Medical

Considering Rejection: Lessons Learned From an ESL Classroom

I was seated on a child-sized plastic chair along a wall in the classroom when the teacher summoned me to the front of the room. She handed me a sheet of stickers and, in broken English that was heavily accented, indicated that my task was to watch the approximately twenty children in front of me as they practiced their English vocabulary and reward those who performed the best. This was several weeks into my six-week adventure of teaching English in China during a gap semester after graduation; this was nine months after beginning my application cycle for medical school that remained an open-ended endeavor yet to discover its fate.
Children aged 4-5 years old sat around groups of tables before me and their eyes lit up as they spied the stickers in my hands; they sat up straighter and spoke louder because now they knew there was a reward at stake. I’d been enjoying watching one child who was paying attention and engaged in learning earlier, so he was my leading choice to receive a sticker. But then again, the boys sitting around him had also become laser focused and were putting forth significant effort, perhaps even more than the first child. From the front rows to the back rows roughly 75% of the students were performing well—well enough to earn one of the few stickers I had.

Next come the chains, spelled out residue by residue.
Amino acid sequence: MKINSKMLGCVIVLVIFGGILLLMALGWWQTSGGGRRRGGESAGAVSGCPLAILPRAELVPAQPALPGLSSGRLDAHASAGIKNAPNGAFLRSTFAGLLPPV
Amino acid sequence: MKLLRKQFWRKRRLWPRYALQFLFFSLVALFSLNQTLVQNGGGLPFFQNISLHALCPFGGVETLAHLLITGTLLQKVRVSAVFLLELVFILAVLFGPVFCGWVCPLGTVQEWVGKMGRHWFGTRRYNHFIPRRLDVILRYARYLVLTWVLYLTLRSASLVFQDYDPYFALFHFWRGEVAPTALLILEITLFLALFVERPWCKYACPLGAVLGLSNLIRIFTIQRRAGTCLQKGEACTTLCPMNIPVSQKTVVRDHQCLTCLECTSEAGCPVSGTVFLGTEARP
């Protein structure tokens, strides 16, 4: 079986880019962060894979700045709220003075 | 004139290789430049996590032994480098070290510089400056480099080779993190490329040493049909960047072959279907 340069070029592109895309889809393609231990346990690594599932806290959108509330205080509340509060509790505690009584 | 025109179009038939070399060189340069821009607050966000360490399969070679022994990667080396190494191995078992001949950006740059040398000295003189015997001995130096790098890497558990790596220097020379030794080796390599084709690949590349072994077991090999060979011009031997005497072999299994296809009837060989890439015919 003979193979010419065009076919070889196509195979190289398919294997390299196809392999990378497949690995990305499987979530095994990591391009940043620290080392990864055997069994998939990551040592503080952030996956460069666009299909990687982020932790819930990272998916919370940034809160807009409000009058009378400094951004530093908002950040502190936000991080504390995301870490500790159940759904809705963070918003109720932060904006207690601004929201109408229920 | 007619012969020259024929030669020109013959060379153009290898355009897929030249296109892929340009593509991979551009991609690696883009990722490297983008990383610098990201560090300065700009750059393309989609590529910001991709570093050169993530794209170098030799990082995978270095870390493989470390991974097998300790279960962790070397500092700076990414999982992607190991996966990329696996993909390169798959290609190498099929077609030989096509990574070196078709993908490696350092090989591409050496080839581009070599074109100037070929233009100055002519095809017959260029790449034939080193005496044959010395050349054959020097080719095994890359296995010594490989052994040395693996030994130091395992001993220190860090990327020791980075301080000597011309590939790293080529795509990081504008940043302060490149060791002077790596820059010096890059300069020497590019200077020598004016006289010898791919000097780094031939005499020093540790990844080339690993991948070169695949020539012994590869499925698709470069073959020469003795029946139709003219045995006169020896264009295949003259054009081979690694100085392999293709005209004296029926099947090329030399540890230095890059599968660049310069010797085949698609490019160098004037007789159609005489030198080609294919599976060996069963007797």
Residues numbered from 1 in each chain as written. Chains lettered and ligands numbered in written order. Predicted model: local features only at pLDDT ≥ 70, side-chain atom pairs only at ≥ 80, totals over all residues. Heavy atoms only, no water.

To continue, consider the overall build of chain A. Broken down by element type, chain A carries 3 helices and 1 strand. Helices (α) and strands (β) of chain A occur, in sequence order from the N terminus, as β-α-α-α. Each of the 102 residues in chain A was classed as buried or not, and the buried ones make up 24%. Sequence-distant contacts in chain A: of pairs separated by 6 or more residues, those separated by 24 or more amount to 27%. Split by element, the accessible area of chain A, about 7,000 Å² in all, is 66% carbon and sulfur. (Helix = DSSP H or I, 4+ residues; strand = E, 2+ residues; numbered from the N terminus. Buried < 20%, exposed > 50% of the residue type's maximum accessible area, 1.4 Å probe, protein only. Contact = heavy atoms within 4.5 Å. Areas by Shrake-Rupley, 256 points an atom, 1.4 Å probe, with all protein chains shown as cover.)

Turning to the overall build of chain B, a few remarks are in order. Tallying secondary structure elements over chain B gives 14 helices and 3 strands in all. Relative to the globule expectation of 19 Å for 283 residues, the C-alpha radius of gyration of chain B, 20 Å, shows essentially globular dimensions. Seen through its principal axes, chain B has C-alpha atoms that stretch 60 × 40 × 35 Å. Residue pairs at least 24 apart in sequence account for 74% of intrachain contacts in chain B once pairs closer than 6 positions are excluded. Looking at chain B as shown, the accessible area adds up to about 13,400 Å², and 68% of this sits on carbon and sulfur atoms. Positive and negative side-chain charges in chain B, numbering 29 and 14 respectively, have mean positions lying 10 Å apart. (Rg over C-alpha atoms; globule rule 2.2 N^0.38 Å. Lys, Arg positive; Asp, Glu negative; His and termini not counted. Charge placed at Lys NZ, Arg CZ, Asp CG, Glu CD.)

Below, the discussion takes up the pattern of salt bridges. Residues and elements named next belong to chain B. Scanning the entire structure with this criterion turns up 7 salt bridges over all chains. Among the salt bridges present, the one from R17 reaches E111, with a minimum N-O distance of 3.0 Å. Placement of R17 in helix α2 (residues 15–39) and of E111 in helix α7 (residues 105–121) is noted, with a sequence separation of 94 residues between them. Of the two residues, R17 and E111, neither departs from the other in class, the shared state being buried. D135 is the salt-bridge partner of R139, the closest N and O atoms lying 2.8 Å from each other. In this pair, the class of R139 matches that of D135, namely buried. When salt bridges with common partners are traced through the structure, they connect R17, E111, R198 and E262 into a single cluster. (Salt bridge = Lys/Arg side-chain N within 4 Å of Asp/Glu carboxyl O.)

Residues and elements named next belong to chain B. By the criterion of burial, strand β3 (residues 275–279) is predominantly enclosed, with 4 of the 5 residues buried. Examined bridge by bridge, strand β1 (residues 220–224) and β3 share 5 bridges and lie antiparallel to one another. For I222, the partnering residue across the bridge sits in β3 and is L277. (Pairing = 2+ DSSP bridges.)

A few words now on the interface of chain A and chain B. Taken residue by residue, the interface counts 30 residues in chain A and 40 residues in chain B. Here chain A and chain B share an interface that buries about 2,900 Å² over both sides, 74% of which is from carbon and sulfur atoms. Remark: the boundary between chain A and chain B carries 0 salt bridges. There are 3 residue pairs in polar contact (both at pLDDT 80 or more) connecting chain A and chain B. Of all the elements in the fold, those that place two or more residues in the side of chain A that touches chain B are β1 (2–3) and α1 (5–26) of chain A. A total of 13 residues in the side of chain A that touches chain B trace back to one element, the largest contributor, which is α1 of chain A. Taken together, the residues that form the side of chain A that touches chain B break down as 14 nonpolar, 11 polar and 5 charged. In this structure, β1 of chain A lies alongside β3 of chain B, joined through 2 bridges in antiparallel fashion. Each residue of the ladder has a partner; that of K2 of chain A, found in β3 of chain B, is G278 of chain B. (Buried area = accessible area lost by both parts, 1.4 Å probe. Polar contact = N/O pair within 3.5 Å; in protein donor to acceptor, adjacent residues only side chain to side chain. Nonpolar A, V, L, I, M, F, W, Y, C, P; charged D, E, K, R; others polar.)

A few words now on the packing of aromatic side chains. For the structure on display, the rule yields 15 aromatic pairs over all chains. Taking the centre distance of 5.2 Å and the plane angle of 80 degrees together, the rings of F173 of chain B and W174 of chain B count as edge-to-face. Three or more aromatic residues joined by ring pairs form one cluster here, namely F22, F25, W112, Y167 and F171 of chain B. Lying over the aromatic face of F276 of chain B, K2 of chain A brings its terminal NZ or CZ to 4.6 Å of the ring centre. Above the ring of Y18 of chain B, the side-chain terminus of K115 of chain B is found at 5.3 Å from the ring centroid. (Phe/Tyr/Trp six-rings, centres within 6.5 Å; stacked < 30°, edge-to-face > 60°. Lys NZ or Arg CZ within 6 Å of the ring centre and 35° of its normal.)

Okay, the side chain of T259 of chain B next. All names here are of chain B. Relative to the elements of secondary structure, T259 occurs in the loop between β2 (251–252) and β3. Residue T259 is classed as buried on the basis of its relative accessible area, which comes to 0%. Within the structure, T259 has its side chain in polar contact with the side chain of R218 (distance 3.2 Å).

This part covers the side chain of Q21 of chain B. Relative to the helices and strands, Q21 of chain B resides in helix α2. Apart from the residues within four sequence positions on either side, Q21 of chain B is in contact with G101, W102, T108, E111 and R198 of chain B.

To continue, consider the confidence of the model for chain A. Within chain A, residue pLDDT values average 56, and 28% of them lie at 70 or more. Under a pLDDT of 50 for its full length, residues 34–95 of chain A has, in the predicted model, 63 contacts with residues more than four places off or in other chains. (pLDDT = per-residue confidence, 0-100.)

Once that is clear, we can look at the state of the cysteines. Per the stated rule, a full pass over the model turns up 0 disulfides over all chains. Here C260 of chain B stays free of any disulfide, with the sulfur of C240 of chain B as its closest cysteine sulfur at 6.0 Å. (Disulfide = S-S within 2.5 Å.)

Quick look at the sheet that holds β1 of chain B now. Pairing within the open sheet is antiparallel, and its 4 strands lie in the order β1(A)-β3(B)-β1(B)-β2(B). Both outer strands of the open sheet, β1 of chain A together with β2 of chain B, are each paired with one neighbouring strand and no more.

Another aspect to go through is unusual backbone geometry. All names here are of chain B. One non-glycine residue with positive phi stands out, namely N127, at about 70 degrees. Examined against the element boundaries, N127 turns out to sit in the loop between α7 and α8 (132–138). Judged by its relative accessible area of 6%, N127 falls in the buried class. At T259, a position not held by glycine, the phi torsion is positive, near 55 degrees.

What was I to do? Who was I to choose? The teacher came nearer to me smiling, indicating that she wished I’d just hand out the stickers already. But unbeknownst to her I was confounded by how to single out the best among so many good options. After deliberation lasting a few seconds, to be honest, I ended up choosing kids among the 75% paying attention for very unsubstantial reasons. One little girl reminded me of someone at home in the States; another little boy just had a style about him that I liked. I knew even as I made my selections that I was using ridiculous criteria, but time restraints and the volume of students who I had to choose from forced my hand.
With my mind still engaged in my ongoing application cycle, I was quick to note the re-enforced lesson in cold, hard reality that was before me. The lesson that I and all other applicants from this cycle learned months ago: despite being “good enough” on paper, the application cycle sometimes feels like a numbers game with a heavy dash of randomness and luck. I mean no disrespect towards adcoms and interviewers (who have a tough job!) and I do appreciate the time spent reviewing our applications; however, at the end of the day, I can’t help but imagine the times when ten great applications are side by side and they can only choose one. Do they make decisions based on criteria, personal preference, and “feeling” as superficially as I did? Probably not. And they certainly have more information on us to use in making decisions than I had on those children. But cutting down 4,000 applicants to 600 interviewees or again shrinking 600 interviewees to 150 acceptances still must require some dose of subjectivity. It must require excluding some number of qualified applicants.